Skip to main content



Reporting period: 2017-10-01 to 2019-09-30

• What is the problem/issue being addressed?
Concern is increasing on the impact that prolonged exposure to apparently non-toxic doses of neurotoxicants during early development may have on children’s health, possibly representing a major risk factor for neurodevelopmental disorders (NDs). The aetiology of most NDs is unknown, but there is general agreement that they result from complex interaction between multiple genes conferring vulnerability and adverse environmental factors. Exposures, whether chemical, physical, or microbiological, may act directly upon neural cells or may affect the expression of genes that regulate relevant fetal/infant processes. They operate during sensitive periods of gestation by disrupting endocrine systems and altering the hormonal milieu necessary for fetal brain development. Moreover, environmental exposures could contribute to a dysregulated immune system that interacts at the molecular level with glial cells and astrocytes, creating a neuroinflammatory condition.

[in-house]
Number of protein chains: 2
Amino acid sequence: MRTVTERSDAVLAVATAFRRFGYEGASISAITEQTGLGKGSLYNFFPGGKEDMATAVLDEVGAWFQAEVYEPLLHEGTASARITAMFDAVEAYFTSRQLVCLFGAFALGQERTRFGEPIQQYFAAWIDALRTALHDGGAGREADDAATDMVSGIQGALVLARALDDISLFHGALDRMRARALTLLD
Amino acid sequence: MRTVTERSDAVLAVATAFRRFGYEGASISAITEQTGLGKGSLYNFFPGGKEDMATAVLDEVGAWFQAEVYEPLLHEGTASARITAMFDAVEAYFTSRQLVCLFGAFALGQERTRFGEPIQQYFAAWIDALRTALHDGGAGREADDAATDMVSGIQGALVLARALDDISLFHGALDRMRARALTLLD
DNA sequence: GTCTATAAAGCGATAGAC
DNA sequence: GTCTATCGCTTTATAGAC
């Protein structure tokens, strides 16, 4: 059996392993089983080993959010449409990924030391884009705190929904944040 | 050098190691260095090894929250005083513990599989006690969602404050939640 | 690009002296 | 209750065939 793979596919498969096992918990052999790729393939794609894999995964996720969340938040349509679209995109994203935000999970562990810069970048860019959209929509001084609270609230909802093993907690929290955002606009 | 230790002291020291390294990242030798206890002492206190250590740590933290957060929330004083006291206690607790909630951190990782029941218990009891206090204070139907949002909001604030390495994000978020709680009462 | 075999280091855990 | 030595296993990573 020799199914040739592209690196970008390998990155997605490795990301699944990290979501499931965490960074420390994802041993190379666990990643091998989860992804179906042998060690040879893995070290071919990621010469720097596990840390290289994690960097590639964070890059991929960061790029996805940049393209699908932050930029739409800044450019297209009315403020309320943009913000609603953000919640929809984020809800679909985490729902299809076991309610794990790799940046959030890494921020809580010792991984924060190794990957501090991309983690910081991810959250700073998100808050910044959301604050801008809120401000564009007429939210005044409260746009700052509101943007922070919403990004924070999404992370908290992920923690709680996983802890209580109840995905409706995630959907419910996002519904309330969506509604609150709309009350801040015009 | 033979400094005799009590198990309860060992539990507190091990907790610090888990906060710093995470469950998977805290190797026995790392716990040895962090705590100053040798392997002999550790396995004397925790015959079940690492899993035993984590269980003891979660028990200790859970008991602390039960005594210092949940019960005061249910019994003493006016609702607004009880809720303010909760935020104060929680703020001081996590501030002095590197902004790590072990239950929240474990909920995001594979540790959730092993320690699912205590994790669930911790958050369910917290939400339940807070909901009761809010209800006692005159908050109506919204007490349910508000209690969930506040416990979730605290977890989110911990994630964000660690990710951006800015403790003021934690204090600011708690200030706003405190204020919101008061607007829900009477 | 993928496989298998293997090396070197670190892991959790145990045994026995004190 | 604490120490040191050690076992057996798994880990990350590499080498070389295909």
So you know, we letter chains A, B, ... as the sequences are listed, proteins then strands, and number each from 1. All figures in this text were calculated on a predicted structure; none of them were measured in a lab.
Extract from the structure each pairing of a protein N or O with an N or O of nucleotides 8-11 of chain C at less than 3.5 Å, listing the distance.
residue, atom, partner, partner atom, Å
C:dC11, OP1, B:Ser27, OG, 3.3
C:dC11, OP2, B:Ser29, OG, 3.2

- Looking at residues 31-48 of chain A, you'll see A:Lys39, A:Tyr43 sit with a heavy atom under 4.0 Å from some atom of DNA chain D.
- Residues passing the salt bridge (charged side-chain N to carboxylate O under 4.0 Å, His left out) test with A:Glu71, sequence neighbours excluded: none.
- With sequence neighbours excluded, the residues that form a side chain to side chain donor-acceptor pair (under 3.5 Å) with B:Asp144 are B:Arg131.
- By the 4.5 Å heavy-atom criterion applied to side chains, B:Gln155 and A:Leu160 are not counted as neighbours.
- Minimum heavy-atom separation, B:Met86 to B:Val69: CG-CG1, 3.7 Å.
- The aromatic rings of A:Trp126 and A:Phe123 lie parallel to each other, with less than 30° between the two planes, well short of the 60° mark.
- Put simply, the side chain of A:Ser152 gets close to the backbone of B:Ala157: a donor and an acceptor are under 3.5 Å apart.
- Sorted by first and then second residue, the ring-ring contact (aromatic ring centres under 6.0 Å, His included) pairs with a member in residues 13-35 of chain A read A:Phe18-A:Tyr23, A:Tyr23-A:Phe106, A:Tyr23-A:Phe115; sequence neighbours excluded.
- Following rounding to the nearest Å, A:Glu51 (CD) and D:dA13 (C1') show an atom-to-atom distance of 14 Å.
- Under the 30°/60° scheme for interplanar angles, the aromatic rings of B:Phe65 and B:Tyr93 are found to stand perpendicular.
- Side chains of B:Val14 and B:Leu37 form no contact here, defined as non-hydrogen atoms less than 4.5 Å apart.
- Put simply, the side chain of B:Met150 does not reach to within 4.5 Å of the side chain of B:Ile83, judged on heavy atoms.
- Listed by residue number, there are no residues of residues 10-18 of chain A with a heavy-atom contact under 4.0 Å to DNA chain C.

• Why is it important for society?
NEUROSOME aims at protecting public health against neurodevelopmental disorders using the latest advances in environmental health science, namely the exposome paradigm. The project and its methodological advances are expected to have a positive impact on local society and the economy contributing to more cost-effective environmental management, enhanced human health and reduced costs associated to the health burden from exposure to neurotoxicants.
• What are the overall objectives?